Balsamic vinegar is almost as prevalent in kitchen pantries as salt and pepper. Once you taste pomegranate molasses, sometimes described as the Middle Eastern equivalent of balsamic, you’ll find yourself reaching for it frequently as well. From salad dressings to grains and from meats to desserts, pomegranate molasses’ tart and tangy flavor livens up so many dishes. It’s no wonder it’s so widely used in Middle Eastern cuisine along with other tart add-ons like sumac and barberries.
As I mentioned in my roasted fruit post, the Tasting Jerusalem group explored pomegranate molasses for our September ingredient, cooking recipes from the book as outlined in our ingredient post, as well as creating some of our own. Here are the highlights including a simple and satisfying salad dressing recipe included at the end of the post:
A Bit of Serendipity
As luck would have it, another cooking group called “Cook the Books” was cooking through “Jerusalem” in September. One of our members, Aimée Goggins of the blog Homemade Trade belongs to that group and shared their cooking bonanza with us. Aimée prepared the wheat berries and swiss chard with pomegranate molasses to slightly mixed reviews along with several other “Jerusalem” favorites like the shakshuka. Head over to Aimée’s post to see everything she cooked and visit the other members of the “Cook the Books” group for a multitude of Ottolenghi and “Jerusalem” inspiration. Wow!
Hannah of the blog Blue Kale Road created one of her many inventive recipes as well as preparing the fried cauliflower with tahini, roasting the cauliflower instead of frying it – a great idea.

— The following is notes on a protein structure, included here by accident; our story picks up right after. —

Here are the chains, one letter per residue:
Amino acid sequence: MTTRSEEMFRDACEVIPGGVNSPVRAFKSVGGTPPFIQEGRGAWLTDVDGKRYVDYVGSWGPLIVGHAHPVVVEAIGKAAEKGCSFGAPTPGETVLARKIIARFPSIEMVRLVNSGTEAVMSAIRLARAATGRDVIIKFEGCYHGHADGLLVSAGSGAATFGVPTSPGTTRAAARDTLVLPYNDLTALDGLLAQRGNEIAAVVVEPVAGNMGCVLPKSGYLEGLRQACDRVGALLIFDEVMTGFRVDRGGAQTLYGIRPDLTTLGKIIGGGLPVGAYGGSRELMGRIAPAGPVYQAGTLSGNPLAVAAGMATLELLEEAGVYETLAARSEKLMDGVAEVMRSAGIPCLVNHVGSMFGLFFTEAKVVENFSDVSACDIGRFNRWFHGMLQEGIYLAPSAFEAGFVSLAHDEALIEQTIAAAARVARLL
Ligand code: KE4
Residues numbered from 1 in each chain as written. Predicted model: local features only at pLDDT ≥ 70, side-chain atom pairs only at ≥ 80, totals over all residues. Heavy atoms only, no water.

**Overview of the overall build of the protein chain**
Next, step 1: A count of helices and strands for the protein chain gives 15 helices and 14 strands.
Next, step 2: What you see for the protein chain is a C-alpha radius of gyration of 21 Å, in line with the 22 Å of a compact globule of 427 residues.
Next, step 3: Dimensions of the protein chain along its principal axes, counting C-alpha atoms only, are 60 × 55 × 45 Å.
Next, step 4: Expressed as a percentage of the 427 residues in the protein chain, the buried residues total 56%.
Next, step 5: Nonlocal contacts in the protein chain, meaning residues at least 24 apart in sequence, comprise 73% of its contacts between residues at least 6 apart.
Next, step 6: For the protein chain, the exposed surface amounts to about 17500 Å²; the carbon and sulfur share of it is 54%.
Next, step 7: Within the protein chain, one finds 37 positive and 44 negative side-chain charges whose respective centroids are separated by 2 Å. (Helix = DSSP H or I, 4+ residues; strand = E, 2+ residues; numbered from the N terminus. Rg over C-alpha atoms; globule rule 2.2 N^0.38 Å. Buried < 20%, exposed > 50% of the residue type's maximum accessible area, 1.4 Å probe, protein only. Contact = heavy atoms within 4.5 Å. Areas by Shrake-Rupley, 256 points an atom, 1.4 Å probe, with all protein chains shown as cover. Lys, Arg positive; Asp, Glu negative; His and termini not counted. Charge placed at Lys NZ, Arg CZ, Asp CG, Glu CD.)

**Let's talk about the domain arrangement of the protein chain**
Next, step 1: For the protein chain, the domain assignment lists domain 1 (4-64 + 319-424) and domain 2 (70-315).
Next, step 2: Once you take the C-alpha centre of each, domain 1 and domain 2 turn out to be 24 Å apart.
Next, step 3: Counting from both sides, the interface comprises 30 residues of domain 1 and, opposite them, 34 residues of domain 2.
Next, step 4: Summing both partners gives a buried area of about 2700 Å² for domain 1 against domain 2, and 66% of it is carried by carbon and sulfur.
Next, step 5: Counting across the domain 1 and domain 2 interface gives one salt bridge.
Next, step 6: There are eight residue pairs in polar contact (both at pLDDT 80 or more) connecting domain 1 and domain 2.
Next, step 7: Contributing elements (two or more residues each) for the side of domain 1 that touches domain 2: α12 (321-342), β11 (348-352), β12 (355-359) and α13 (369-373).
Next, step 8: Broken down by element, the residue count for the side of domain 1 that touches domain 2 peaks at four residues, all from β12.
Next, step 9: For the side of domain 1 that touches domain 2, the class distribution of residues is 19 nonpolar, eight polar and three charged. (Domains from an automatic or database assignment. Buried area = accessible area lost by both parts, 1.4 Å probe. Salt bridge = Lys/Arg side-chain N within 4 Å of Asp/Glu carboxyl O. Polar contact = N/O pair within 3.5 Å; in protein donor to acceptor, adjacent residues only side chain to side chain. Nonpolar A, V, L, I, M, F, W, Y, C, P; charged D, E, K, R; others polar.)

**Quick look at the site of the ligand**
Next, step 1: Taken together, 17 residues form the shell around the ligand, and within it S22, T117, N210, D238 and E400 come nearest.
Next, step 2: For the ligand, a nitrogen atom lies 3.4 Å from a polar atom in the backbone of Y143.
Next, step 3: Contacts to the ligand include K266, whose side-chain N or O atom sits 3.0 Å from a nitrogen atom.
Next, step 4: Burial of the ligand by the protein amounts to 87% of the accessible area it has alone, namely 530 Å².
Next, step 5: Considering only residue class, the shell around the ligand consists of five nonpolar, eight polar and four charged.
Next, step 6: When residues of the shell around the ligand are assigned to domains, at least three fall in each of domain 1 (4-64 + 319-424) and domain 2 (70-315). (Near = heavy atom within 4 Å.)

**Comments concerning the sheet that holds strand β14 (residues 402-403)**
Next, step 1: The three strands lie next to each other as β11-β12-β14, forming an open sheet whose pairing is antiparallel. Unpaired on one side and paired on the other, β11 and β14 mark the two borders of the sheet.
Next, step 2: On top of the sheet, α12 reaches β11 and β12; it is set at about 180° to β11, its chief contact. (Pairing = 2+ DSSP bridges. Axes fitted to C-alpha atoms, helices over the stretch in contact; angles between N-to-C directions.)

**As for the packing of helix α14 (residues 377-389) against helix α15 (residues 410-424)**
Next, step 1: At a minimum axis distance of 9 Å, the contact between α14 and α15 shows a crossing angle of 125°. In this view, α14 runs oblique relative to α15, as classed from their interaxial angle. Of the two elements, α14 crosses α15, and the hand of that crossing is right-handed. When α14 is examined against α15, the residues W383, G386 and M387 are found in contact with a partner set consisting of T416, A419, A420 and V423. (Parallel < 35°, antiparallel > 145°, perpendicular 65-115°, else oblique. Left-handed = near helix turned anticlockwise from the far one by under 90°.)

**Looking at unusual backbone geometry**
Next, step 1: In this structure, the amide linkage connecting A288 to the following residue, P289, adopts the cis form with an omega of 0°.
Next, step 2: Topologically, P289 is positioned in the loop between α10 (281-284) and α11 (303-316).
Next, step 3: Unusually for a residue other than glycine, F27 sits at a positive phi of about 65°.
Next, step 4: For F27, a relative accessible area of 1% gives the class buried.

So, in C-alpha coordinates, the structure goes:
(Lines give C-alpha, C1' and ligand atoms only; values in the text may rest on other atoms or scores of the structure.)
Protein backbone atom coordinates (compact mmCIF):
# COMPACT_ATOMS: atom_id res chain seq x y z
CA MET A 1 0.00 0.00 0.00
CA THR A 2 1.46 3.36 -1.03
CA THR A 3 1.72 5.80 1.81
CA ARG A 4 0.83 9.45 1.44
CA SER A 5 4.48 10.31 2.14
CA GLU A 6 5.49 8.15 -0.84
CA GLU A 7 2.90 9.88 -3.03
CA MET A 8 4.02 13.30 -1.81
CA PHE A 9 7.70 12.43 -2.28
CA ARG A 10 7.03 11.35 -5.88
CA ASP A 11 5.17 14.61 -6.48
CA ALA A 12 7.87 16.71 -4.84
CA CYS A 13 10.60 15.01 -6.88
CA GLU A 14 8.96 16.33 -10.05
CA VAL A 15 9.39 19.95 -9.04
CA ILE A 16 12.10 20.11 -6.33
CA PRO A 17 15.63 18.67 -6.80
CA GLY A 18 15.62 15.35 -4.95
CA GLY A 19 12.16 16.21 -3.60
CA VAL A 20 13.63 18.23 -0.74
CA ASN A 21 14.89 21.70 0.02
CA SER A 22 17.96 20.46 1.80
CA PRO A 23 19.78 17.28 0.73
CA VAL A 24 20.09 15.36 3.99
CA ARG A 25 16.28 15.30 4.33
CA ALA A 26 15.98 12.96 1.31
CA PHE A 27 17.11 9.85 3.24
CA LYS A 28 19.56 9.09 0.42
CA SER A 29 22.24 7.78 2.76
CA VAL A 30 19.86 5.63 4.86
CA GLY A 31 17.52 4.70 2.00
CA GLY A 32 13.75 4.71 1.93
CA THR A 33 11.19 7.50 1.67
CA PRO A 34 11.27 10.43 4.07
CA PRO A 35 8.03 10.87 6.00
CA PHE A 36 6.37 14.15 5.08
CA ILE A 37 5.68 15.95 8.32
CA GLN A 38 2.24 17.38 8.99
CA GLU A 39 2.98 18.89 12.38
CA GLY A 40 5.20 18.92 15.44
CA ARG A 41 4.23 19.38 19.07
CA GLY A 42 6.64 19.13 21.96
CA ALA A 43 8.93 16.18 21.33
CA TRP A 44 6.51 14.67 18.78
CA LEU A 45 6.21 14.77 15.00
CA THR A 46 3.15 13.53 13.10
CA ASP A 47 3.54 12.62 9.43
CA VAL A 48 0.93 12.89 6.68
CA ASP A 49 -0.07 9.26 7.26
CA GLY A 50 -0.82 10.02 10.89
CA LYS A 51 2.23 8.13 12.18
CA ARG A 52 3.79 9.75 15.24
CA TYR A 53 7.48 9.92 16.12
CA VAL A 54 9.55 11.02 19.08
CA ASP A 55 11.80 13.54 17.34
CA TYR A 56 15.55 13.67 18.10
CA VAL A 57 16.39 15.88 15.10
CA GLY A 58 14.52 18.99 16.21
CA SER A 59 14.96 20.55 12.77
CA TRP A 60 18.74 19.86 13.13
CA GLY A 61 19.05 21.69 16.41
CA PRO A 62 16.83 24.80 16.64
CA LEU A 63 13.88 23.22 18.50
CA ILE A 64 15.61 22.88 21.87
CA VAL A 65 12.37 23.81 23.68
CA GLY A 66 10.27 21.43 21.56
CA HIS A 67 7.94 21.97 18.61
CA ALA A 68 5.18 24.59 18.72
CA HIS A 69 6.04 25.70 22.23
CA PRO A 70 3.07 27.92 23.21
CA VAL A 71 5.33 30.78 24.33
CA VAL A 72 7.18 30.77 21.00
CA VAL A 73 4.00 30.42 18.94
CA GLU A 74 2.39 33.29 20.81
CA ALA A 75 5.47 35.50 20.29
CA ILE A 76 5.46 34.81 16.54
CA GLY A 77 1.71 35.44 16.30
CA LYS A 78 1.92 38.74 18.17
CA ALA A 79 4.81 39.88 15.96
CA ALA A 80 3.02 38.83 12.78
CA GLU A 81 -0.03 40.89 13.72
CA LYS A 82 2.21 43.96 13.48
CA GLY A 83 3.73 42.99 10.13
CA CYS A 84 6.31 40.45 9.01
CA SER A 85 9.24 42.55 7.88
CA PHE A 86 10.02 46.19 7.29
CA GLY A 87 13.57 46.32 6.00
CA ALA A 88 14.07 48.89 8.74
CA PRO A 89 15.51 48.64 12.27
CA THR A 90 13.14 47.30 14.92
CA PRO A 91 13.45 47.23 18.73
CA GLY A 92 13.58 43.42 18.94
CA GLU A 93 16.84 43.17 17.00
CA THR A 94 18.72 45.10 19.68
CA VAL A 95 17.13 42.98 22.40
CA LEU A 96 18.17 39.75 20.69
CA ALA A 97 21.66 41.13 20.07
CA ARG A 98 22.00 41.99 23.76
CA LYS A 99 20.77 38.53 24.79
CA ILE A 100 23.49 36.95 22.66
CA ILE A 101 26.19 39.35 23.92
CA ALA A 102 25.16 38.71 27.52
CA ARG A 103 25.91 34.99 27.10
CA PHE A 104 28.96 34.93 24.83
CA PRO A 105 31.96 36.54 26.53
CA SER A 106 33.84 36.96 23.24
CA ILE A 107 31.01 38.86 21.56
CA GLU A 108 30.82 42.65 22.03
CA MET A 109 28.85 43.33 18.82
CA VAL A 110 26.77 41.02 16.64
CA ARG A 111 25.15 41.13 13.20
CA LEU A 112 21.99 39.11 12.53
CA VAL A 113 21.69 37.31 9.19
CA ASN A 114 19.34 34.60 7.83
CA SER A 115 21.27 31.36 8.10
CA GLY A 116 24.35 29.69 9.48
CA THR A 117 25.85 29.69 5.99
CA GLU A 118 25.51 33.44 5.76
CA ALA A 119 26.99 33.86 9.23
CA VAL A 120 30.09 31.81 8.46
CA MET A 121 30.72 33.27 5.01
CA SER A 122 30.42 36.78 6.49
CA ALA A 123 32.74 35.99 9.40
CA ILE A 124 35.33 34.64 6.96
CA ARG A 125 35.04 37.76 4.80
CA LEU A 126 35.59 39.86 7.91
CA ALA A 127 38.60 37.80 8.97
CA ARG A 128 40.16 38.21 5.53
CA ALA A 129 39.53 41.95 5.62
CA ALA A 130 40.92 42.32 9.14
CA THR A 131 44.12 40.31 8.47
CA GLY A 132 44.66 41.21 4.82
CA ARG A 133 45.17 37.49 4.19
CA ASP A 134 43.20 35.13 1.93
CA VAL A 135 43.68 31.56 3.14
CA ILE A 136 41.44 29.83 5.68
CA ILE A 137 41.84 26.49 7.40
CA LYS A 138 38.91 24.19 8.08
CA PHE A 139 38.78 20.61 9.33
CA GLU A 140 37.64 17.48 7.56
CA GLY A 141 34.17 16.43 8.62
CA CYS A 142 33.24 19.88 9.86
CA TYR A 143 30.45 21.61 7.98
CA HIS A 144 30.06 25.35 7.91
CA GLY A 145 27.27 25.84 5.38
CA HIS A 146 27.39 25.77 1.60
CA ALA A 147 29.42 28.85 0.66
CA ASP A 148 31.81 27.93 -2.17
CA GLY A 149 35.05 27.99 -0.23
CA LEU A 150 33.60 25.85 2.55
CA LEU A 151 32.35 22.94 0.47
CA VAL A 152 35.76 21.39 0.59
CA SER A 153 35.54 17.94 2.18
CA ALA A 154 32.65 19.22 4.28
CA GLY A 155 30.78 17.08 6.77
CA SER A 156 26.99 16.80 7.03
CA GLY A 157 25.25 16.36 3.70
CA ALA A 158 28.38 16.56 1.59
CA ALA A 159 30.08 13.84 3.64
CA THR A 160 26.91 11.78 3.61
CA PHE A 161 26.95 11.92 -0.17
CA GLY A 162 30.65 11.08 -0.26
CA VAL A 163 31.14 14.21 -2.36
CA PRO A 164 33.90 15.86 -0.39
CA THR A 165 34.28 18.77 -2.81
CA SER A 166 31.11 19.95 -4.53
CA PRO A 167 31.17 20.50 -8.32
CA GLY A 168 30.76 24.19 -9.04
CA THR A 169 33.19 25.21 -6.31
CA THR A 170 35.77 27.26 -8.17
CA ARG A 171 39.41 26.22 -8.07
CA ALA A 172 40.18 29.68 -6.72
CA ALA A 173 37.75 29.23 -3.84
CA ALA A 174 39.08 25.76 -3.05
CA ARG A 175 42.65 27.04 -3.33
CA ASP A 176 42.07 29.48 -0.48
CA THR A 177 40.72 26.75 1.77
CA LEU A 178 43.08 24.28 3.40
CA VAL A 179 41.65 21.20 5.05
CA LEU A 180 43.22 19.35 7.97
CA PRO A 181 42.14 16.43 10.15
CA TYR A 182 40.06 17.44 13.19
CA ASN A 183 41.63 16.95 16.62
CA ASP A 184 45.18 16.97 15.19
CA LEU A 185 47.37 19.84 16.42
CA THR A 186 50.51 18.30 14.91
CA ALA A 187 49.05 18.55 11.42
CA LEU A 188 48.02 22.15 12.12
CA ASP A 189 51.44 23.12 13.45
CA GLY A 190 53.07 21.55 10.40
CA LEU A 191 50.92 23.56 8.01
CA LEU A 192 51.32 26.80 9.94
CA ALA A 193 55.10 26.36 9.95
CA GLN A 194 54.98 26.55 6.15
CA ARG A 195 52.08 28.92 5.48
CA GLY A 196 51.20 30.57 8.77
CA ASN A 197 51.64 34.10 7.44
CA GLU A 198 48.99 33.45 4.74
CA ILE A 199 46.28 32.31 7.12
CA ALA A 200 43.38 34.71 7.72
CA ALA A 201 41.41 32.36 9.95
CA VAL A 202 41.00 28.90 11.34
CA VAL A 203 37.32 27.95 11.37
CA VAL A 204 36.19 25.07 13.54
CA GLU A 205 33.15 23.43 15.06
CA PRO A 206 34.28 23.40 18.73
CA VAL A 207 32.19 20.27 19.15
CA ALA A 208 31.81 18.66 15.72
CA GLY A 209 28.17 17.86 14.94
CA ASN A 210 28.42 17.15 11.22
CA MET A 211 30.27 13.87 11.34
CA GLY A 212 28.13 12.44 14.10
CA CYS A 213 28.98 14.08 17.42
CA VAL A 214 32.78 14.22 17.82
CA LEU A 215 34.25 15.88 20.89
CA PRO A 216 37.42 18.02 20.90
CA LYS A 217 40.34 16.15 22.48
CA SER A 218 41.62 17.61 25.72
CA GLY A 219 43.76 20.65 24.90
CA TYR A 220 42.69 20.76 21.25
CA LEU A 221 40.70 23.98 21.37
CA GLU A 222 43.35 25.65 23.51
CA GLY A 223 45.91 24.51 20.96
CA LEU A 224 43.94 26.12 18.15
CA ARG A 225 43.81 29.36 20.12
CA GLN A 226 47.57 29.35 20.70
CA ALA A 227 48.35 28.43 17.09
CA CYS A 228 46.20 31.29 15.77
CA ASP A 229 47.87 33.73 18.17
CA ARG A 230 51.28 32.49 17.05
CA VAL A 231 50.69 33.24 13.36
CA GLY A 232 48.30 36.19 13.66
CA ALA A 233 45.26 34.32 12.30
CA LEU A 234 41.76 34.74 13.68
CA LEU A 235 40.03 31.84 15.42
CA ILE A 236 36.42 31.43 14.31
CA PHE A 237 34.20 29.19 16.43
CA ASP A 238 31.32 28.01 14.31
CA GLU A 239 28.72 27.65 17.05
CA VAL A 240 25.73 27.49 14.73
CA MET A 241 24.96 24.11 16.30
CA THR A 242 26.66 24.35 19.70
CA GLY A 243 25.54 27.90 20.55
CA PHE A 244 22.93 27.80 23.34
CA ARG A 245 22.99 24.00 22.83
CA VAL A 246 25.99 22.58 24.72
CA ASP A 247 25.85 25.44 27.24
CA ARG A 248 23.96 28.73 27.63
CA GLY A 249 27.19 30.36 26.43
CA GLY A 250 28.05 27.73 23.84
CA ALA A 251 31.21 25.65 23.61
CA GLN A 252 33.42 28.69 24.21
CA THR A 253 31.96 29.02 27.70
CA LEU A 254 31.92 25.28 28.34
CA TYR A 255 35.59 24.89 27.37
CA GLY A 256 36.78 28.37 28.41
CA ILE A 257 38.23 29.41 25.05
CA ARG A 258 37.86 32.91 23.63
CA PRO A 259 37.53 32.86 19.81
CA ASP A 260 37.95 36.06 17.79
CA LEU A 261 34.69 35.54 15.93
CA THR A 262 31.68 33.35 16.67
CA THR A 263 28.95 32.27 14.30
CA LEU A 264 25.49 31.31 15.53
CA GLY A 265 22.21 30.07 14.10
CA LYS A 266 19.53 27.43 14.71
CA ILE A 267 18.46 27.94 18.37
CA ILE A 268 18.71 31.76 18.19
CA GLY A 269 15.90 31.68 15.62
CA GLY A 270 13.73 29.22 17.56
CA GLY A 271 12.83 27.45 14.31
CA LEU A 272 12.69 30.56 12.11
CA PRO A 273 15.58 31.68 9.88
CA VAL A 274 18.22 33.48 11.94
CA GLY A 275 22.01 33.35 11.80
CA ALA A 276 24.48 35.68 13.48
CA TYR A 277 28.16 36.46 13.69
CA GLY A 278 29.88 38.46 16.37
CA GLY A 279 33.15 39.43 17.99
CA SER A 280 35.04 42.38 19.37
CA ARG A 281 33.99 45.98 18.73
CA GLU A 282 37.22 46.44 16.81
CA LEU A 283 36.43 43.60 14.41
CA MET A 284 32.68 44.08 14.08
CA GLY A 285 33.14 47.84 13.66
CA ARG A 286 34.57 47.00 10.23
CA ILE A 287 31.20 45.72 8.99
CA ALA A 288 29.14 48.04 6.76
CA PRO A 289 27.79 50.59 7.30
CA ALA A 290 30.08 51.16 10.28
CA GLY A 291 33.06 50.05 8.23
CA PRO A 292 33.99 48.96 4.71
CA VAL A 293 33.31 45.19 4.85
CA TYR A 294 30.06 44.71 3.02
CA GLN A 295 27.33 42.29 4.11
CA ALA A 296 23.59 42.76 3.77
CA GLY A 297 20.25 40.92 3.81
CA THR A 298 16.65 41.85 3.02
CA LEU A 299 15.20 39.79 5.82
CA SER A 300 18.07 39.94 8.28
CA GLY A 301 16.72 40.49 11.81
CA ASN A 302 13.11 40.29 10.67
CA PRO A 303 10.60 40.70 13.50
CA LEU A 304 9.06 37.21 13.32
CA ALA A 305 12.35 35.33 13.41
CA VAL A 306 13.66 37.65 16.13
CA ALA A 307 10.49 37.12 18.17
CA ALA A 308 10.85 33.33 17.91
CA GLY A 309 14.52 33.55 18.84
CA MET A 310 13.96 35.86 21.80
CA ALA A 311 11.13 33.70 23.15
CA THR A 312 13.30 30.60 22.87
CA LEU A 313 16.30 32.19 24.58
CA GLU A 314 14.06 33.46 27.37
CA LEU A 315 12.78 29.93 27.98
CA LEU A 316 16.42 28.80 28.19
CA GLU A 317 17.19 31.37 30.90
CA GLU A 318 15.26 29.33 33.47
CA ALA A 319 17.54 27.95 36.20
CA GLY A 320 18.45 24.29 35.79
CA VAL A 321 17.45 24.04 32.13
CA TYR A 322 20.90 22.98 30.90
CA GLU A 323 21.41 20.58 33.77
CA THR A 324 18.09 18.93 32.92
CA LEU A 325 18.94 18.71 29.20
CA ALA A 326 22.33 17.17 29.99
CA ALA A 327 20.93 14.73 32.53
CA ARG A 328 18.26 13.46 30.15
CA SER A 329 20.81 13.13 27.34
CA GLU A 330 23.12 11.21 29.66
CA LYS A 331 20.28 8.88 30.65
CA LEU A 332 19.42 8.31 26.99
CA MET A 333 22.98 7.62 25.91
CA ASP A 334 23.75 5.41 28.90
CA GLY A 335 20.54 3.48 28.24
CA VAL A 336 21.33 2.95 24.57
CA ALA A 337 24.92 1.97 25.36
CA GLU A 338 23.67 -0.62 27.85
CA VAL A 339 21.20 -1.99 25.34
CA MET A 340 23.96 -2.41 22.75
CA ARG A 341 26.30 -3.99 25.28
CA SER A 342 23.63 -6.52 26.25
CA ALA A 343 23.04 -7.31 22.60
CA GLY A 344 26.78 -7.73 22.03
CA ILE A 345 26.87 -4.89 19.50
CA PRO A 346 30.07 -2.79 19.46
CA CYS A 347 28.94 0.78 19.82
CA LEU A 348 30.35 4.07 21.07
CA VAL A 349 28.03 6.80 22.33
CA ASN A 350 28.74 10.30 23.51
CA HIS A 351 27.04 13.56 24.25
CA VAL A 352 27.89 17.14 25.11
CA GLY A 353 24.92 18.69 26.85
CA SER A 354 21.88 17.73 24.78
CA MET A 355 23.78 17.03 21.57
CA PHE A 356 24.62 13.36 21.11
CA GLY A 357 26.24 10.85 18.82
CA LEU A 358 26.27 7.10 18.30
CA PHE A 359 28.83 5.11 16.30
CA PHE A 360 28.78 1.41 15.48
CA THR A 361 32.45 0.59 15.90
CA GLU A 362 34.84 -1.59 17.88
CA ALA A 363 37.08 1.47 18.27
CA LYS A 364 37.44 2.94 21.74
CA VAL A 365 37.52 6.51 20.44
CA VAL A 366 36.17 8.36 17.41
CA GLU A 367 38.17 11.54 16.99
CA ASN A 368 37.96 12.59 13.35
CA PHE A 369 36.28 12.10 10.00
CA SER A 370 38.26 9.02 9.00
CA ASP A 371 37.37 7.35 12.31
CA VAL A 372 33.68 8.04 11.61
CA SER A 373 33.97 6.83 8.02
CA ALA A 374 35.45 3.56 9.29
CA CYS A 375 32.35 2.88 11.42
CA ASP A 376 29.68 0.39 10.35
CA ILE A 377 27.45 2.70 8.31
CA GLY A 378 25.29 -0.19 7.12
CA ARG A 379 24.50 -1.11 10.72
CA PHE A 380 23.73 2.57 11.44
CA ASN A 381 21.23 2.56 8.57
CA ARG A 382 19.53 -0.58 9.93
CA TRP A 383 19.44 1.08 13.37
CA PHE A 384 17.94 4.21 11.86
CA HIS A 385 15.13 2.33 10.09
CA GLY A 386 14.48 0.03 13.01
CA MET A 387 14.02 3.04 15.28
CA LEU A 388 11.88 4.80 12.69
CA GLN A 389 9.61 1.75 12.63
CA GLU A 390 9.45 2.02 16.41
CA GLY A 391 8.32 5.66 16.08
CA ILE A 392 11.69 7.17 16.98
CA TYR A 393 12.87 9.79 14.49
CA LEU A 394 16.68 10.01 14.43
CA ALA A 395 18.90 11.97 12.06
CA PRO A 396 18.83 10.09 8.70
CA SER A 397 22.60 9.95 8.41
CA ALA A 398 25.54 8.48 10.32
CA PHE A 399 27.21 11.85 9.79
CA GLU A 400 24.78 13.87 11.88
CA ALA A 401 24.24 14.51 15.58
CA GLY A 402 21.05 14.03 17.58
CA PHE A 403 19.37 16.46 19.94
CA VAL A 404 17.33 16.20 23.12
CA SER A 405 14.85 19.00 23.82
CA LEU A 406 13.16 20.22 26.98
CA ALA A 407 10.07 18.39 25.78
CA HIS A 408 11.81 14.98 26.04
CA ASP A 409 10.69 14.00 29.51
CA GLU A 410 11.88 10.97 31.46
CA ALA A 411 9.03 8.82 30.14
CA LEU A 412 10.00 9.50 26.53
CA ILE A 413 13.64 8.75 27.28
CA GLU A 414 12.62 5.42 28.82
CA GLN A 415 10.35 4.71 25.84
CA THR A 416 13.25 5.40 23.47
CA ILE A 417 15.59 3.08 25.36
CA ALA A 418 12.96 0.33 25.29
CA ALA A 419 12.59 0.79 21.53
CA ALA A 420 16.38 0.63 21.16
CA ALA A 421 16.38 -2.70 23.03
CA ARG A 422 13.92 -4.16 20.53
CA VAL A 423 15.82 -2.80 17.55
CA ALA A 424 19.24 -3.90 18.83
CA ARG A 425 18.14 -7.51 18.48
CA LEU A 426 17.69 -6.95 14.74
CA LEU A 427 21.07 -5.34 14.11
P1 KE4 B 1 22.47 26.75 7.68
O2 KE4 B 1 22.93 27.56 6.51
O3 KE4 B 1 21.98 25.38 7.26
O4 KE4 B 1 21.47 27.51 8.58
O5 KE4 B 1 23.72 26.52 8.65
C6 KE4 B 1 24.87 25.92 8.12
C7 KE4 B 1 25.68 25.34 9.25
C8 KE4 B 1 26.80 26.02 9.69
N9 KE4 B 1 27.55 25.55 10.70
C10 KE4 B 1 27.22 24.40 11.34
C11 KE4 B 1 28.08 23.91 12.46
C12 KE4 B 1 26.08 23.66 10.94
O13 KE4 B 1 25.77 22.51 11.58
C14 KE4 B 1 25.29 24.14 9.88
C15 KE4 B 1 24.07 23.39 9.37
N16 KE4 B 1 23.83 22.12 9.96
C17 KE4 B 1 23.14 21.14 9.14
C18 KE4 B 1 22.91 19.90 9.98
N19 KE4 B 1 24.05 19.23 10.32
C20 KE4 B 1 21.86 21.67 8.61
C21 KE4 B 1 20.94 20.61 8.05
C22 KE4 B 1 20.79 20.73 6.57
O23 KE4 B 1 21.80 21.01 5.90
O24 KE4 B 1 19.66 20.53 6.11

Our friends at Mezze and Dolce blog, inspired by a bruschetta eaten in a vegetarian wine bar, created their own version, mixing the pomegranate molasses with sriracha among other things – yum!
And our cooking cohort in New Zealand, Susan Busch of the blog Couscous and Consciousness, nearly wrote the pomegranate molasses bible. She has been cooking through Ottolenghi/Tamimi recipes for months with her cooking group, I Heart Cooking Clubs and has amassed a plethora of pomegranate knowledge that she generously shares with us in this post. Please head over for a read and then bookmark it for future reference.
What Sarene and I were cooking up!
Sarene cooked the wheat berry and swiss chard dish, some salad dressing & used the molasses to drizzle on beets. I experimented with a roasted fruit recipe and a simple vinaigrette (see below) as well as working with quince for the first time.
I found quince at the farmers market and decided to make a version of the lamb and quince recipe without stuffing the quince, as the headnote in the recipe suggests. I asked Mr. Ottolenghi for some guidance on preparing the dish when bypassing the tedious task of hollowing out the quince. One key suggestion is to brown the meatballs before marrying them with the quince mixture.
Quince are, by the way, a very interesting fruit worth getting to know. Their appearance is like a cross between a Golden Delicious apple and a Bartlett pear and the flesh can turn a pinky orange when prepared with sugar water, as for the Spanish-inspired quince jam. However you use them, don’t judge them by their flavor when raw – it is not appealing. Only when cooked, does the apple pear flavor with overtones of the tropics appear. For more about this under-used fruit, check out this LA Times Russ Parsons article on quince.
Pomegranate Molasses Salad Dressing Recipe
- 1 small shallot finely chopped
- ⅛ cup of white balsamic vinegar (regular would work as well)
- 1 ¼ tablespoons pomegranate molasses (adjust up or down to your tangy taste buds – my molasses had a touch of sugar in it, if yours does not, you may want just a bit of honey or sugar to balance the tart)
- ¼ cup extra virgin olive oil
- salt and pepper to taste (1/4 to ½ teaspoon each to start)
- In a small bowl combine the shallots, vinegar and pomegranate molasses, then whisk in the olive oil.
- Taste, then add salt and pepper or other herbs to your own liking.
Join the group for more inspiration!
Join our Tasting Jerusalem group as we continue to explore Middle Eastern cuisine through the cookbook “Jerusalem: A Cookbook“, “Ottolenghi: The Cookbook“, and beyond. You can find us on FB, G+, Pinterest, OMG! Yummy blog, and the hashtag #TastingJrslm on Twitter and Instagram.